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Publication numberUS3194457 A
Publication typeGrant
Publication dateJul 13, 1965
Filing dateJan 9, 1964
Priority dateJan 9, 1964
Publication numberUS 3194457 A, US 3194457A, US-A-3194457, US3194457 A, US3194457A
InventorsJerome Freilich Sanford
Original AssigneeJerome Freilich Sanford
Export CitationBiBTeX, EndNote, RefMan
External Links: USPTO, USPTO Assignment, Espacenet
Necktie hanger
US 3194457 A
Abstract  available in
Images(2)
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Claims  available in
Description  (OCR text may contain errors)

July 13, 1965 5, J. R l l 3,194,457

NECKTIE HANGER Filed Jan. 9, 1964 2 Sheets-Sheet 1 INVENTOR.

SANFORD JEROME FREl LICH July 13, 1965 5, J, FREILICH 3,194,457

NECKIIE HANGER 7 Filed Jan. 9, 1964 2 Sheets-Sheet 2 INVENTOR SANFORD JEROME FREILICH BY v United States Patent 3,194,457 NECKTIE HANGER Sanford Jerome Freilich, 784 Columbus Ave., New York 25, NY. Filed Jan. 9, 1964, Ser. No. 336,746 1 Claim. (Cl. 22388) This invention relates to an improved tie hanger, constructed of a single piece of wire, that permits a large number of ties to be sorted or stored normal to the viewer, conveniently on a clothes rack with other garments, and prevents the ties from falling off even when the ties are distributed unevenly thereon or when the hanger is moved.

Ordinary, triangular-shaped wire garment hangers, when used as tie hangers, allow the ties to shift to one end of the supporting surface and slip oif to the floor; tie hangers designed for permanent attachment to closet doors take up the space often used for supporting garments in current use. It is, therefore, among the objects of this invention to provide a hanger for ties made from a single length of heavy gauge wire shaped to generally triangular form including a cross-bar, diagonal arms and a hook so as to be sturdy, constructed cheaply, easily removed for examination of the ties, and conveniently stored with other garments on an ordinary closet rod.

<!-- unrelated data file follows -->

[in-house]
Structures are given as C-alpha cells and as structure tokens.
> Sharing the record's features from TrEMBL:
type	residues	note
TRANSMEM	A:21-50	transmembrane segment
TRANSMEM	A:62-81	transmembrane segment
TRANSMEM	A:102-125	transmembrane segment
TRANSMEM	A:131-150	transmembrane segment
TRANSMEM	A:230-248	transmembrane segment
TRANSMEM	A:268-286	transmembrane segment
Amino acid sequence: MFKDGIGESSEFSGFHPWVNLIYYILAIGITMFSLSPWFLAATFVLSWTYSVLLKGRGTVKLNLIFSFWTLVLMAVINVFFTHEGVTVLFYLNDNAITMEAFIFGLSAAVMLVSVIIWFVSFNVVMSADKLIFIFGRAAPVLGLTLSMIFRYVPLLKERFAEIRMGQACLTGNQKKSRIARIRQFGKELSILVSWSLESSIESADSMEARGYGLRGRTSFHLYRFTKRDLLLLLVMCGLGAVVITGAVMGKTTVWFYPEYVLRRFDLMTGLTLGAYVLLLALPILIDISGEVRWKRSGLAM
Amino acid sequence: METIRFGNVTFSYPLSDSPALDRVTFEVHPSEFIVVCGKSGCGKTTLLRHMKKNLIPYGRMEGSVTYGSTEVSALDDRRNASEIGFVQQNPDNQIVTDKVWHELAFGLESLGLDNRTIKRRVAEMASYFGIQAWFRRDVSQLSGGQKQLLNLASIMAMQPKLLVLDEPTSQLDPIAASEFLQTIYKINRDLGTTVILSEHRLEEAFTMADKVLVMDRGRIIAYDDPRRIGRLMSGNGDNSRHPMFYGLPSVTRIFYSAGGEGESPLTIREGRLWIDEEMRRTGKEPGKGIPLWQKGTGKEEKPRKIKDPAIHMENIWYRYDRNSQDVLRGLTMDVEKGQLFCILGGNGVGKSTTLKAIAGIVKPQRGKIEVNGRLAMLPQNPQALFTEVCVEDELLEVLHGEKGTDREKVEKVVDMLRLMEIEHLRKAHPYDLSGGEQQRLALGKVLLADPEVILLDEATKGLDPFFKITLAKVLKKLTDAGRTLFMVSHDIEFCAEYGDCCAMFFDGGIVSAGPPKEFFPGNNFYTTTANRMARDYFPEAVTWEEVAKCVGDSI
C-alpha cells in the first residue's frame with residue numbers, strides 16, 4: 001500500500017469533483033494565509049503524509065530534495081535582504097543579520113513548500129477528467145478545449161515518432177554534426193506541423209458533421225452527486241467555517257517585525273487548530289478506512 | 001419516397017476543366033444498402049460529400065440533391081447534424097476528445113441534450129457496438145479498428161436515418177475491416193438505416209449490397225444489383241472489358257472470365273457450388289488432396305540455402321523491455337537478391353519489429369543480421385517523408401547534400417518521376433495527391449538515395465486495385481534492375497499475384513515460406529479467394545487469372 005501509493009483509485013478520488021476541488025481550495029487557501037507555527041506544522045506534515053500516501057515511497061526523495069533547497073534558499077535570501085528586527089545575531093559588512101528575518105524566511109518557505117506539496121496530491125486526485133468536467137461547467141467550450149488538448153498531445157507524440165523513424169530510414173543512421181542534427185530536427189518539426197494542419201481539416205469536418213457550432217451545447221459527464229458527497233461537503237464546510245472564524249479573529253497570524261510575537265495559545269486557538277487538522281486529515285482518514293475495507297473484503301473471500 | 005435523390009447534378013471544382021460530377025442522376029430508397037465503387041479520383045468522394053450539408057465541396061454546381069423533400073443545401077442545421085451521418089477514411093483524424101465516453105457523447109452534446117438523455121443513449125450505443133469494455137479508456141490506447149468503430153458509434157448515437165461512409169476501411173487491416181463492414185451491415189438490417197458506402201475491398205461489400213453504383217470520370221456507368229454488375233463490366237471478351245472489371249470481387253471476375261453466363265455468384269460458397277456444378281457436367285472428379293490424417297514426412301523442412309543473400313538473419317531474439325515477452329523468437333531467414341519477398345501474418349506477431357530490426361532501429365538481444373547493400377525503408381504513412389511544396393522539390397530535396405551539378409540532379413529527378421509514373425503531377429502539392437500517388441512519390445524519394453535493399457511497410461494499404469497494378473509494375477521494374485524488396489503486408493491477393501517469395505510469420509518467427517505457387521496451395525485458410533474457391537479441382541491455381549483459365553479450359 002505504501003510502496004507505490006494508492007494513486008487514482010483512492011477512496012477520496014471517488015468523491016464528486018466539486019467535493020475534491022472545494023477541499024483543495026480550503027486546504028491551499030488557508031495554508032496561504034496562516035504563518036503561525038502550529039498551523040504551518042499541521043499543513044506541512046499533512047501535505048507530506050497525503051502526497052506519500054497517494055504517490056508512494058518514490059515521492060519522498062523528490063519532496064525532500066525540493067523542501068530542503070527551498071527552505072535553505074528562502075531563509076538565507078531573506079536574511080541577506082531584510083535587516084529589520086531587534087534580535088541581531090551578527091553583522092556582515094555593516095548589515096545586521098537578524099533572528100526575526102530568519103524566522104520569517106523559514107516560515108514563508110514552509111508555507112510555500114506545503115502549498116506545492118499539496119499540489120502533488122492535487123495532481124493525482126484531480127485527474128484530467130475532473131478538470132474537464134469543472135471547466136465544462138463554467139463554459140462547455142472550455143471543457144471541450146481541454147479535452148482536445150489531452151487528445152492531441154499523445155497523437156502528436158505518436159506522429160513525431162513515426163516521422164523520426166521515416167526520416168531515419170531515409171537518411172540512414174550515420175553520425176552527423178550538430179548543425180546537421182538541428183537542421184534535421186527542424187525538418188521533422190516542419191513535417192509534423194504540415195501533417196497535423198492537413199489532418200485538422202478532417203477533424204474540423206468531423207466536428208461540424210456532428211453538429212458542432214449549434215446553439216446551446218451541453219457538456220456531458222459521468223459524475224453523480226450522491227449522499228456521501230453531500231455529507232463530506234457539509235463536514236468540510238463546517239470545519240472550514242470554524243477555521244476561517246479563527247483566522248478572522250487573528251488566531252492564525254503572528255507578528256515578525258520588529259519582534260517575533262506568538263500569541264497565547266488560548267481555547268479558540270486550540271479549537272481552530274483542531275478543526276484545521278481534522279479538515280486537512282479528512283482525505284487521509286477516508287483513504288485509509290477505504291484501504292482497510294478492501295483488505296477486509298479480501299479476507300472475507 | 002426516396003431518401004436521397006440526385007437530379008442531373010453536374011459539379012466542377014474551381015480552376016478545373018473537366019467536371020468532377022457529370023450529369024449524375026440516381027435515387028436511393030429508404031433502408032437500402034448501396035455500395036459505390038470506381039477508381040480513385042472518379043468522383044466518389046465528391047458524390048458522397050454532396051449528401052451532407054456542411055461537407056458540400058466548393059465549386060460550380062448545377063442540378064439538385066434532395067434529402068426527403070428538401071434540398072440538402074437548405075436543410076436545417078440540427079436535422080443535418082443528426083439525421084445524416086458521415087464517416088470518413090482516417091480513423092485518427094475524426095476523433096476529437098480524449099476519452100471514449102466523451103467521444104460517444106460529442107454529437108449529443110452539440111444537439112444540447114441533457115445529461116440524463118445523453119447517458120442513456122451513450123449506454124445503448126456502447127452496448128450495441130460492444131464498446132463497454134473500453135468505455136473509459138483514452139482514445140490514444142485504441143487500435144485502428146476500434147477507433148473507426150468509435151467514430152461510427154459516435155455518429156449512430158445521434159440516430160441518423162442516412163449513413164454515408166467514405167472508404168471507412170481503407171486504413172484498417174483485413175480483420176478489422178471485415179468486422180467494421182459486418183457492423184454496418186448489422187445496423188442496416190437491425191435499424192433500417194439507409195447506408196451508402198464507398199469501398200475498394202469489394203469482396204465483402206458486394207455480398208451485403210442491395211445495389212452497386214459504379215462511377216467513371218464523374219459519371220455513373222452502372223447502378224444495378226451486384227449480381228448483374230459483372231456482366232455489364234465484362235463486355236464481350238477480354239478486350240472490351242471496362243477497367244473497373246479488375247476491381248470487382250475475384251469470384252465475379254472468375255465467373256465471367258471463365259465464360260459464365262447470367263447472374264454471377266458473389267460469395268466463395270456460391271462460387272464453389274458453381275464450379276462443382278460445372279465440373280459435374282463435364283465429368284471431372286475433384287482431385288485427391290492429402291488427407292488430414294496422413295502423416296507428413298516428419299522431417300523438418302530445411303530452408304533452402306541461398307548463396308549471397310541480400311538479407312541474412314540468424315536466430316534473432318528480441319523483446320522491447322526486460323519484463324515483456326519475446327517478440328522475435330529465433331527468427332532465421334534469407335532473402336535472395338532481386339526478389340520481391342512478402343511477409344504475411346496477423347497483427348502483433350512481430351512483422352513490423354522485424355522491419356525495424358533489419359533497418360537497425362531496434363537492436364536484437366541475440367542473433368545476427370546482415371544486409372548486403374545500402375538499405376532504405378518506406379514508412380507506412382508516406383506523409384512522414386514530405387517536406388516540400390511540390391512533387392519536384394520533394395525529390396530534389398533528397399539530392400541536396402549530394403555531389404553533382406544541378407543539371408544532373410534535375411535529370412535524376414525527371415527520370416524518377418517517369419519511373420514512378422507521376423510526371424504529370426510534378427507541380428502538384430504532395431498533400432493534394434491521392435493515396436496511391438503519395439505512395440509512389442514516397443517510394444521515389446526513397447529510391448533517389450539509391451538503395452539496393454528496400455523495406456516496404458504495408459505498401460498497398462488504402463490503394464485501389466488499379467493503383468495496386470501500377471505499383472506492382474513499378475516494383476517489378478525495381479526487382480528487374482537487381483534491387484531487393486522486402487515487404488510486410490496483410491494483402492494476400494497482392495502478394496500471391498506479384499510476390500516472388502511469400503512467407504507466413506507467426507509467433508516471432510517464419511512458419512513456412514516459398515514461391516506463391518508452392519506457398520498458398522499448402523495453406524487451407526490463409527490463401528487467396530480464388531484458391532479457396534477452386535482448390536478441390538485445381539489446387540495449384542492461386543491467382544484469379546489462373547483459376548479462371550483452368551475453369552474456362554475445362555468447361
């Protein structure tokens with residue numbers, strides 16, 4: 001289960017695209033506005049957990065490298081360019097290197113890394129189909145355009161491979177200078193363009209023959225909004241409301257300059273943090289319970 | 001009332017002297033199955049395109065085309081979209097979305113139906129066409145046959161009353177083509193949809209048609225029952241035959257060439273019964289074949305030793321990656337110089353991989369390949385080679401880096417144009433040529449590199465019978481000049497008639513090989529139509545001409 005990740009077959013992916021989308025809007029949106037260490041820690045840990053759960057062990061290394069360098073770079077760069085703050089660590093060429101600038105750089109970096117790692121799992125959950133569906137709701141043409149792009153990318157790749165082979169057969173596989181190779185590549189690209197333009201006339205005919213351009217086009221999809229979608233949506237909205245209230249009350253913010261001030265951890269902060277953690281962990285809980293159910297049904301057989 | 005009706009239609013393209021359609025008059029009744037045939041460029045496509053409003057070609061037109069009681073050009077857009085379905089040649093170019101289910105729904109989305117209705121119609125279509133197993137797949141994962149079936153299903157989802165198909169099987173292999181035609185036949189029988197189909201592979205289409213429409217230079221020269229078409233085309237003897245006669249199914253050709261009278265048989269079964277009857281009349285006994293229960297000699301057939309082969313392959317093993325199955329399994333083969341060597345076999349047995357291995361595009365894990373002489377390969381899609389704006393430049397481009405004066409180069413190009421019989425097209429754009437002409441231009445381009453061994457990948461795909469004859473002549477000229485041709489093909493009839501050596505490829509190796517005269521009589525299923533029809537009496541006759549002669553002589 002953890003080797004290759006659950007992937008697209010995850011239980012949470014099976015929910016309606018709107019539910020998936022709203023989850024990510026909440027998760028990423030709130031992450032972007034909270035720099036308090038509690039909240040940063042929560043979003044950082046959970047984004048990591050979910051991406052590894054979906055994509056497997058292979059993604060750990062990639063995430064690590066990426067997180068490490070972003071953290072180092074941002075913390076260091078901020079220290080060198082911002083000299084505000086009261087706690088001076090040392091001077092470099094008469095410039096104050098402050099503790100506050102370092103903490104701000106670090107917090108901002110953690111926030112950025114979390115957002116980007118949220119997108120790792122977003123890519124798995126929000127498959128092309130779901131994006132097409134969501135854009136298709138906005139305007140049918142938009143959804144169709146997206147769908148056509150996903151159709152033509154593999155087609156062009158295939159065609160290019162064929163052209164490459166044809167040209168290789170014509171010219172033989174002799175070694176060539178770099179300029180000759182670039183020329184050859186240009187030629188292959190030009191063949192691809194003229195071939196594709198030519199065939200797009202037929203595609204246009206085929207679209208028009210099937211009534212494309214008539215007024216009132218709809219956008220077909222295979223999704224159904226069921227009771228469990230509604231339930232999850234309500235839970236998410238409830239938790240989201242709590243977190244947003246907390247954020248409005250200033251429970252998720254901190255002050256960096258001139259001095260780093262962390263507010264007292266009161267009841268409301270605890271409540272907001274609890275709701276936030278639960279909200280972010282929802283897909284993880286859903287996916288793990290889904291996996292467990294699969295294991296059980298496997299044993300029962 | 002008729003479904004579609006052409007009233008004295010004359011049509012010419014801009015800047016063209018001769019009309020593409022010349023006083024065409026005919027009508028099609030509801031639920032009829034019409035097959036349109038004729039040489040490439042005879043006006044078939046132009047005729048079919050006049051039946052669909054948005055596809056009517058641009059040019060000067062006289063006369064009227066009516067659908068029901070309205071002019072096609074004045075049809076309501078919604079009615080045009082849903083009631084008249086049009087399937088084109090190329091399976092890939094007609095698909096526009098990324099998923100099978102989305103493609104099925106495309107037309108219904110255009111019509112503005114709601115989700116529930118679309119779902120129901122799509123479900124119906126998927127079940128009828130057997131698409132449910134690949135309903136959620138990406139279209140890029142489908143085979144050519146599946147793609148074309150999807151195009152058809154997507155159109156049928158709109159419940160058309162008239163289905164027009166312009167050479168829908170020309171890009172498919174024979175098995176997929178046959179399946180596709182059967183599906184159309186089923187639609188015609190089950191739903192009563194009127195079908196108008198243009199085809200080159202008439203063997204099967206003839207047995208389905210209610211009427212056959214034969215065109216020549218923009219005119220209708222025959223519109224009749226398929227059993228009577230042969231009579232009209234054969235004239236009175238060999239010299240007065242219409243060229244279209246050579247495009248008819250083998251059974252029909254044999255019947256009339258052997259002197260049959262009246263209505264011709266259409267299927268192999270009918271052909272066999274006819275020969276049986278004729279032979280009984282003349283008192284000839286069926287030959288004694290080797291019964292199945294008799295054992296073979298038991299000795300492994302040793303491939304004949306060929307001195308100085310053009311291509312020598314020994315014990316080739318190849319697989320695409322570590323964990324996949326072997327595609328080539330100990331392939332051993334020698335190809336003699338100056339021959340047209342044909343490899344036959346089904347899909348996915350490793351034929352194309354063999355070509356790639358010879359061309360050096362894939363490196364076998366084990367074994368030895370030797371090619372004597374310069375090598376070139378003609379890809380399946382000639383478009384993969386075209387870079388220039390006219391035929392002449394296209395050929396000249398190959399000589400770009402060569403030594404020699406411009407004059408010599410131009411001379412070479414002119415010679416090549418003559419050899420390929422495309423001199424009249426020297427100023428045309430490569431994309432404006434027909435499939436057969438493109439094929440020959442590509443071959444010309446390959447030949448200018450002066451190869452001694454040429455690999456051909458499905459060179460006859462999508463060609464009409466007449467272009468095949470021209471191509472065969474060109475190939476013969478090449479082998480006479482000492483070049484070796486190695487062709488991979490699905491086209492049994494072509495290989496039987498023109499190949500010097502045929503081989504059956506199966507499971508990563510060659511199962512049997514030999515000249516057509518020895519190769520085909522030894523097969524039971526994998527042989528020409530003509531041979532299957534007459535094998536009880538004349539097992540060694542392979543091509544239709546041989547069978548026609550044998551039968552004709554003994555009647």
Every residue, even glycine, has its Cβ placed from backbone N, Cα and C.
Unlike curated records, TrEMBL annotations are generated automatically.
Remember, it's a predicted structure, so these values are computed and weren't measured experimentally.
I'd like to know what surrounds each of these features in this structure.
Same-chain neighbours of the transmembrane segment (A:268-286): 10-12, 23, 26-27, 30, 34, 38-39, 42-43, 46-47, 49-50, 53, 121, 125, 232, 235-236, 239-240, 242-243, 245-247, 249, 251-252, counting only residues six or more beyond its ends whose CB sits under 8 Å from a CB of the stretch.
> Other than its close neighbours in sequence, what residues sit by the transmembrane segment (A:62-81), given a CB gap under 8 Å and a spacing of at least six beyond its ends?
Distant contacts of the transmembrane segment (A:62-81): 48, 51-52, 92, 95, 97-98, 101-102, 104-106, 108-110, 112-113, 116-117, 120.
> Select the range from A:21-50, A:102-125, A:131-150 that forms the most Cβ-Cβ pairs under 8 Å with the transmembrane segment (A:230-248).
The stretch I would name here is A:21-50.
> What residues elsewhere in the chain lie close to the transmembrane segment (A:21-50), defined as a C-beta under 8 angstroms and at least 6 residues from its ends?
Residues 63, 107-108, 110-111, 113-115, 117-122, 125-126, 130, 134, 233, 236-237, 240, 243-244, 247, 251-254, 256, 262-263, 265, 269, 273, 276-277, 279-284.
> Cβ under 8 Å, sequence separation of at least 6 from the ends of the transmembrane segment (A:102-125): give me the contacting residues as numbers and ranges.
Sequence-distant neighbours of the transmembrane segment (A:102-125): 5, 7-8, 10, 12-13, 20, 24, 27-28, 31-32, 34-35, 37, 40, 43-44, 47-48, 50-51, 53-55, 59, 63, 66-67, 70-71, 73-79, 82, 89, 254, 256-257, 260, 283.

It is another object of this invention to provide a hanger as described, wherein the crossbar has the form of a helical coil, which allows one or more ties to be hung over each loop of the coil and thereby positions them normal to the viewer, utilizes all the lateral closet space taken up by the hanger, prevents the ties from shifting laterally along the length of the crossbar, and provides a rounded supporting surface for each tie, so as to crease and wedge the tie at both edges and prevent the tie from slipping lengthwise off the hanger.

A further object of the invention is to provide a hanger as described wherein the coil turns of the helical crossbar are circular or, more advantageously oval, so as to grip more than one tie, on each coil, by its edges, and in addition, make the coil narrower in order to take up less space in the closet along the length of the rack.

A still further object of the invention is to provide a hanger as described wherein the coil turns of the helical crossbar are coiled so as to be laterally spaced in a way to make them appear overlapping when viewed from the side which serves to provide an increased number of supporting loops, and in turn, allows for a greater number of ties to be hung.

For further comprehension of the invention, and of the objects and advantages thereof, reference will be had to the following description and accompanying drawings, and to the appended claim in which the various novel features of the invention are more particularly set forth.

In the accompanying drawings forming a material part of this disclosure:

FIG. 1 is a front elevational View of a hanger embodying the invention, with a necktie shown engaged thereon.

FIG. 2 is a fragmentary, enlarged sectional view taken on line 2-2 of FIG. 1.